Like 2G, 3G evolved into 3.5G and 3.75G as more features were introduced in order to bring about 4G. A 3G phone cannot communicate through a 4G network , but newer generations of phones are practically always designed to be backward compatible, so a 4G phone can communicate through a 3G or even 2G network .
4G - Fourth Generation
4G is a very different technology as compared to 3G and was made possible practically only because of the advancements in the technology in the last 10 years. Its purpose is to provide high speed , high quality and high capacity to users while improving security and lower the cost of voice and data services, multimedia and internet over IP. Potential and current applications include amended mobile web access, IP telephony , gaming services, high-definition mobile TV, video conferencing, 3D television, and cloud computing.
The key technologies that have made this possible are MIMO (Multiple Input Multiple Output) and OFDM (Orthogonal Frequency Division Multiplexing). The two important 4G standards are WiMAX (has now fizzled out) and LTE (has seen widespread deployment). LTE (Long Term Evolution) is a series of upgrades to existing UMTS technology and will be rolled out on Telstra's existing 1800MHz frequency band. The max speed of a 4G network when the device is moving is 100 Mbps or 1 Gbps for low mobility communication like when stationary or walking, latency reduced from around 300ms to less than 100ms, and significantly lower congestion. When 4G first became available, it was simply a little faster than 3G. 4G is not the same as 4G LTE which is very close to meeting the criteria of the standards. To download a new game or stream a TV show in HD, you can do it without buffering .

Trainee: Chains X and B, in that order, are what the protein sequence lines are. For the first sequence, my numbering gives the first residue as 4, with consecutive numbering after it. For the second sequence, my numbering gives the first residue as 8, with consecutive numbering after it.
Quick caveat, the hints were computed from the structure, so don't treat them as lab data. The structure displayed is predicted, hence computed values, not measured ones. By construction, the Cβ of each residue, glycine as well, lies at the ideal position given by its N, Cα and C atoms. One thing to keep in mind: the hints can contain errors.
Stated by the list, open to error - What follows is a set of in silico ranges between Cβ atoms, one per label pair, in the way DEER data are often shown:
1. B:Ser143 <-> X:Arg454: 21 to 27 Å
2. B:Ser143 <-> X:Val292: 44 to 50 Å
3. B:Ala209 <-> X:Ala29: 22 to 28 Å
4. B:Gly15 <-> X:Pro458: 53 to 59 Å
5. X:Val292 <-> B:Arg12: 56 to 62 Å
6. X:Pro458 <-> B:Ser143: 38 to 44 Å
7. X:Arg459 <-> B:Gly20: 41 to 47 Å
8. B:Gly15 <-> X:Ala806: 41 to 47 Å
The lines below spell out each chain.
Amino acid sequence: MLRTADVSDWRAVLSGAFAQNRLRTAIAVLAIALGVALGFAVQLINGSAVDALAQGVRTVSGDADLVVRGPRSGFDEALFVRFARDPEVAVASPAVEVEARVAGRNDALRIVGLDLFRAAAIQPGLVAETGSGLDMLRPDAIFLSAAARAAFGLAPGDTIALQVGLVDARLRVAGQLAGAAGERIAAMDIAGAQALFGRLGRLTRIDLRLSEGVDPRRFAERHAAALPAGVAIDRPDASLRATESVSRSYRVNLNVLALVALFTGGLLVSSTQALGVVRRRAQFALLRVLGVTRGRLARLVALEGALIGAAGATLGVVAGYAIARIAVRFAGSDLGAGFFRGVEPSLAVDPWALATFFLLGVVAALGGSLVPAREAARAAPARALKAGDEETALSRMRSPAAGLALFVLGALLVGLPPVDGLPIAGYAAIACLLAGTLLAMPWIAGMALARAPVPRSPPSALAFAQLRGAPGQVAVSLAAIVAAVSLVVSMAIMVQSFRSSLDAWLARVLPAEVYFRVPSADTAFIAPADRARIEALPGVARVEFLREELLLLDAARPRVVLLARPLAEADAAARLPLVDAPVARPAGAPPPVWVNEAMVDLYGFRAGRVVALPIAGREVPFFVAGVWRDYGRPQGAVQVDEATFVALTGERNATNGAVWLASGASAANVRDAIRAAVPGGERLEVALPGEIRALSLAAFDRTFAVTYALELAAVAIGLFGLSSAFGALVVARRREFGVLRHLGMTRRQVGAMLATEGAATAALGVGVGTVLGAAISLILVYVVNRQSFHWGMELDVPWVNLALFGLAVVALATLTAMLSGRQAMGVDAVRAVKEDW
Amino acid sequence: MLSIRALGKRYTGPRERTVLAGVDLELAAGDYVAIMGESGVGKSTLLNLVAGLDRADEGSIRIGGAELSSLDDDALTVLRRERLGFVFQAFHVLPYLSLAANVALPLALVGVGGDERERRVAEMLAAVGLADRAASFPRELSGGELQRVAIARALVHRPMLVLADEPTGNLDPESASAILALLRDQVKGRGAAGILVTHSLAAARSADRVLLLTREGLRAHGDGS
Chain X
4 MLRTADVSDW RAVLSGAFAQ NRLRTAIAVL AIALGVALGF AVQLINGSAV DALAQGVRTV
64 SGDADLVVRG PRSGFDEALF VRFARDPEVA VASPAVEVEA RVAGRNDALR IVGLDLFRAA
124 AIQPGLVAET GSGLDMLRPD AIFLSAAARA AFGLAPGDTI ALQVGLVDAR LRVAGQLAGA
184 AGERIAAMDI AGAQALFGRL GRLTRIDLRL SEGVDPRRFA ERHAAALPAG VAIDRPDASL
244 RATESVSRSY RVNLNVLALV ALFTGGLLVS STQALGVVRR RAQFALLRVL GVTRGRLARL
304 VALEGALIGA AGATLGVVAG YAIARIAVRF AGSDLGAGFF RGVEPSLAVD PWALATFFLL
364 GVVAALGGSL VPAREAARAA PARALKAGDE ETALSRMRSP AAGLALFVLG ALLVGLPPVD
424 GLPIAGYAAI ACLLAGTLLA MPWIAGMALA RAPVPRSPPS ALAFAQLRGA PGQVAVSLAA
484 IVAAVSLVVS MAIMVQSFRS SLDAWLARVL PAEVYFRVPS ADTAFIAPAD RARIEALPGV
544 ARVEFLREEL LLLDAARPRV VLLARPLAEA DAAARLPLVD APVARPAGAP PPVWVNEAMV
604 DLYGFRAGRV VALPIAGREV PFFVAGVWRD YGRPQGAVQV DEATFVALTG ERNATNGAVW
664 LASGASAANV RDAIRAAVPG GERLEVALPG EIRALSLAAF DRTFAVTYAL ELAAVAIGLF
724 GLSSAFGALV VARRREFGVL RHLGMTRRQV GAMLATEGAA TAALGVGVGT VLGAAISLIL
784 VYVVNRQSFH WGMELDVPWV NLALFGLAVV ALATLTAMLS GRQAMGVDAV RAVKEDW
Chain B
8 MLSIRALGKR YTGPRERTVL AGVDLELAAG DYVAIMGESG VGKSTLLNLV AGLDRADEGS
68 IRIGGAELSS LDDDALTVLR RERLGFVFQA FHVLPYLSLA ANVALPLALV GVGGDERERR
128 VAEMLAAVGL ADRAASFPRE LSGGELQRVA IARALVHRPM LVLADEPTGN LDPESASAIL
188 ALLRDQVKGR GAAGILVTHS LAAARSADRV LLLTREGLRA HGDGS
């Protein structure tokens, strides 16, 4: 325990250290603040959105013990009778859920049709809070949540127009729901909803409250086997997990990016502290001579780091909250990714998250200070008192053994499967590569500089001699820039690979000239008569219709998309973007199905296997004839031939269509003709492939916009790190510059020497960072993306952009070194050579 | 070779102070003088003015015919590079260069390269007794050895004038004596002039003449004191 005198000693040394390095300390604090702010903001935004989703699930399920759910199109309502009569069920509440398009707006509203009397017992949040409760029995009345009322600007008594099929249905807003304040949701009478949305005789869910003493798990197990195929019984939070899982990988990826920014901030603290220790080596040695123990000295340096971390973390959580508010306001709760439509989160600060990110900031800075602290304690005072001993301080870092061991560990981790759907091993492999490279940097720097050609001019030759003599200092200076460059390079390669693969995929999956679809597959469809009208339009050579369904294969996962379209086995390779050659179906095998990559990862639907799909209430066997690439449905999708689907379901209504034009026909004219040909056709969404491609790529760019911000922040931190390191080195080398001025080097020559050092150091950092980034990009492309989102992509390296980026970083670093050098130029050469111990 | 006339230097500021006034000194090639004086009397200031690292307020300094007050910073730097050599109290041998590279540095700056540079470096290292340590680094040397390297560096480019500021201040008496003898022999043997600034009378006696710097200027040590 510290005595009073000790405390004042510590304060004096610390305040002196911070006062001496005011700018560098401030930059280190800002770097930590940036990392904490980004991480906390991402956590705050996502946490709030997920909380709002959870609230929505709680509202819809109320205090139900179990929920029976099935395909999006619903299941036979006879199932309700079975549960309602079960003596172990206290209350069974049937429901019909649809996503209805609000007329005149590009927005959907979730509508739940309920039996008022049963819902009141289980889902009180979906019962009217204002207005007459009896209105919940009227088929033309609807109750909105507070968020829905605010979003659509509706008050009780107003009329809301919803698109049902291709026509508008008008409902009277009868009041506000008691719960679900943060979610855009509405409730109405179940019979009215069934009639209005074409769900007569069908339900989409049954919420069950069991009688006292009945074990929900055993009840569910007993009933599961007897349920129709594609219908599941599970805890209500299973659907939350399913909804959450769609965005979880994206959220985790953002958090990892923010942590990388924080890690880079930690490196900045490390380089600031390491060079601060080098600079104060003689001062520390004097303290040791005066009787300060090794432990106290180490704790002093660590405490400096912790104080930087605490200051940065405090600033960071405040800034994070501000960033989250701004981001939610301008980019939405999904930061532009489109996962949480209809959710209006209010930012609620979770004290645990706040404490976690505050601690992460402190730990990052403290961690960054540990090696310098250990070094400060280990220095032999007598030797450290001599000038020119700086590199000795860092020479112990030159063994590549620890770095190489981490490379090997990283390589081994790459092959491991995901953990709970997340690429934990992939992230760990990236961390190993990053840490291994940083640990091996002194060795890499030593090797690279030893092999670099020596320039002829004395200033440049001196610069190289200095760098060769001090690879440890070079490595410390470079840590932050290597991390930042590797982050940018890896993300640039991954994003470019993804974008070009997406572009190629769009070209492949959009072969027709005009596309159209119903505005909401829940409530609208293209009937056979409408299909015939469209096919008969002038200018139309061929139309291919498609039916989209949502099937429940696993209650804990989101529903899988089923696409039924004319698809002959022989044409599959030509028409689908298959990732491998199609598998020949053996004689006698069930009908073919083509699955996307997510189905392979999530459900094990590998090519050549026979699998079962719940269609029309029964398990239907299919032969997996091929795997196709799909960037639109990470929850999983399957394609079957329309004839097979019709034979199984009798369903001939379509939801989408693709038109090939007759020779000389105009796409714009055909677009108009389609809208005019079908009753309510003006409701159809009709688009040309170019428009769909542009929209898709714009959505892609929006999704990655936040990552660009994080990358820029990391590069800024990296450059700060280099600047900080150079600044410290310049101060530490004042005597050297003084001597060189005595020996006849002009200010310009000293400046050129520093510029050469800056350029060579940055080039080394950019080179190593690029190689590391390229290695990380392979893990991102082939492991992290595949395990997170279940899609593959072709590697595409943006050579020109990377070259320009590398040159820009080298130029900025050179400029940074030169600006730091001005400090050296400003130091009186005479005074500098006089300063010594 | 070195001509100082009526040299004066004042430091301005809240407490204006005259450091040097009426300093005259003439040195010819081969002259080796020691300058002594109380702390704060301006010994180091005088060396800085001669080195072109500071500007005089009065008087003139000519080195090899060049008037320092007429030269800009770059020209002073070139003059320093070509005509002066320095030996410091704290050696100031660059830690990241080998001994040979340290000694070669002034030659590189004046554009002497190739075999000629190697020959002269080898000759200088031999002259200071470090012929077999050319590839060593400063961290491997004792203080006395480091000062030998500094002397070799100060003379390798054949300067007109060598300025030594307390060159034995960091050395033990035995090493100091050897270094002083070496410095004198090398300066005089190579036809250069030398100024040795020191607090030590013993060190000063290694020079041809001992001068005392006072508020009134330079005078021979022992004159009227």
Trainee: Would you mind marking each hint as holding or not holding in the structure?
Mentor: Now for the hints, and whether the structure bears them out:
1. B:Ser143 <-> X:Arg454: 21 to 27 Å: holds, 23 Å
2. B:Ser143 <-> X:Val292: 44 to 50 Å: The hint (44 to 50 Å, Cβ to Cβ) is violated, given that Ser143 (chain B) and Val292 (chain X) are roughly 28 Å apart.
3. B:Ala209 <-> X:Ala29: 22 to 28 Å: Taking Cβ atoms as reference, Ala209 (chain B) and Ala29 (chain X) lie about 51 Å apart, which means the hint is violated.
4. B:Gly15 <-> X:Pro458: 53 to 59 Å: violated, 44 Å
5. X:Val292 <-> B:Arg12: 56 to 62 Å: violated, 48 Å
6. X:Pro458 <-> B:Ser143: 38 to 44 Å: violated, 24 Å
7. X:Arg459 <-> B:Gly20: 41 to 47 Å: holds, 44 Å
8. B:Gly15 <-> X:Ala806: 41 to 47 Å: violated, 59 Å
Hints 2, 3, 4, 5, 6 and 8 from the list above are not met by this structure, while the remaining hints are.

Newer generations of phones are usually designed to be backward-compatible , so a 4G phone can communicate through a 3G or even 2G network. All carriers seem to agree that OFDM is one of the chief indicators that a service can be legitimately marketed as being 4G. OFDM is a type of digital modulation in which a signal is split into several narrowband channels at different frequencies. There are a significant amount of infrastructure changes needed to be implemented by service providers in order to supply because voice calls in GSM , UMTS and CDMA2000 are circuit switched, so with the adoption of LTE, carriers will have to re-engineer their voice call network. And again, we have the fractional parts: 4.5G and 4.9G marking the transition of LTE (in the stage called LTE-Advanced Pro) getting us more MIMO, more D2D on the way to IMT-2020 and the requirements of 5G .
5G - Fifth Generation
5G is a generation currently under development , that's intended to improve on 4G. 5G promises significantly faster data rates, higher connection density, much lower latency, among other improvements. Some of the plans for 5G include device-to-device communication, better battery consumption, and improved overall wireless coverage. The max speed of 5G is aimed at being as fast as 35.46 Gbps , which is over 35 times faster than 4G.
Key technologies to look out for: Massive MIMO , Millimeter Wave Mobile Communications etc. Massive MIMO, milimetre wave, small cells, Li-Fi all the new technologies from the previous decade could be used to give 10Gb/s to a user, with an unseen low latency, and allow connections for at least 100 billion devices . Different estimations have been made for the date of commercial introduction of 5G networks. Next Generation Mobile Networks Alliance feel that 5G should be rolled out by 2020 to meet business and consumer demands.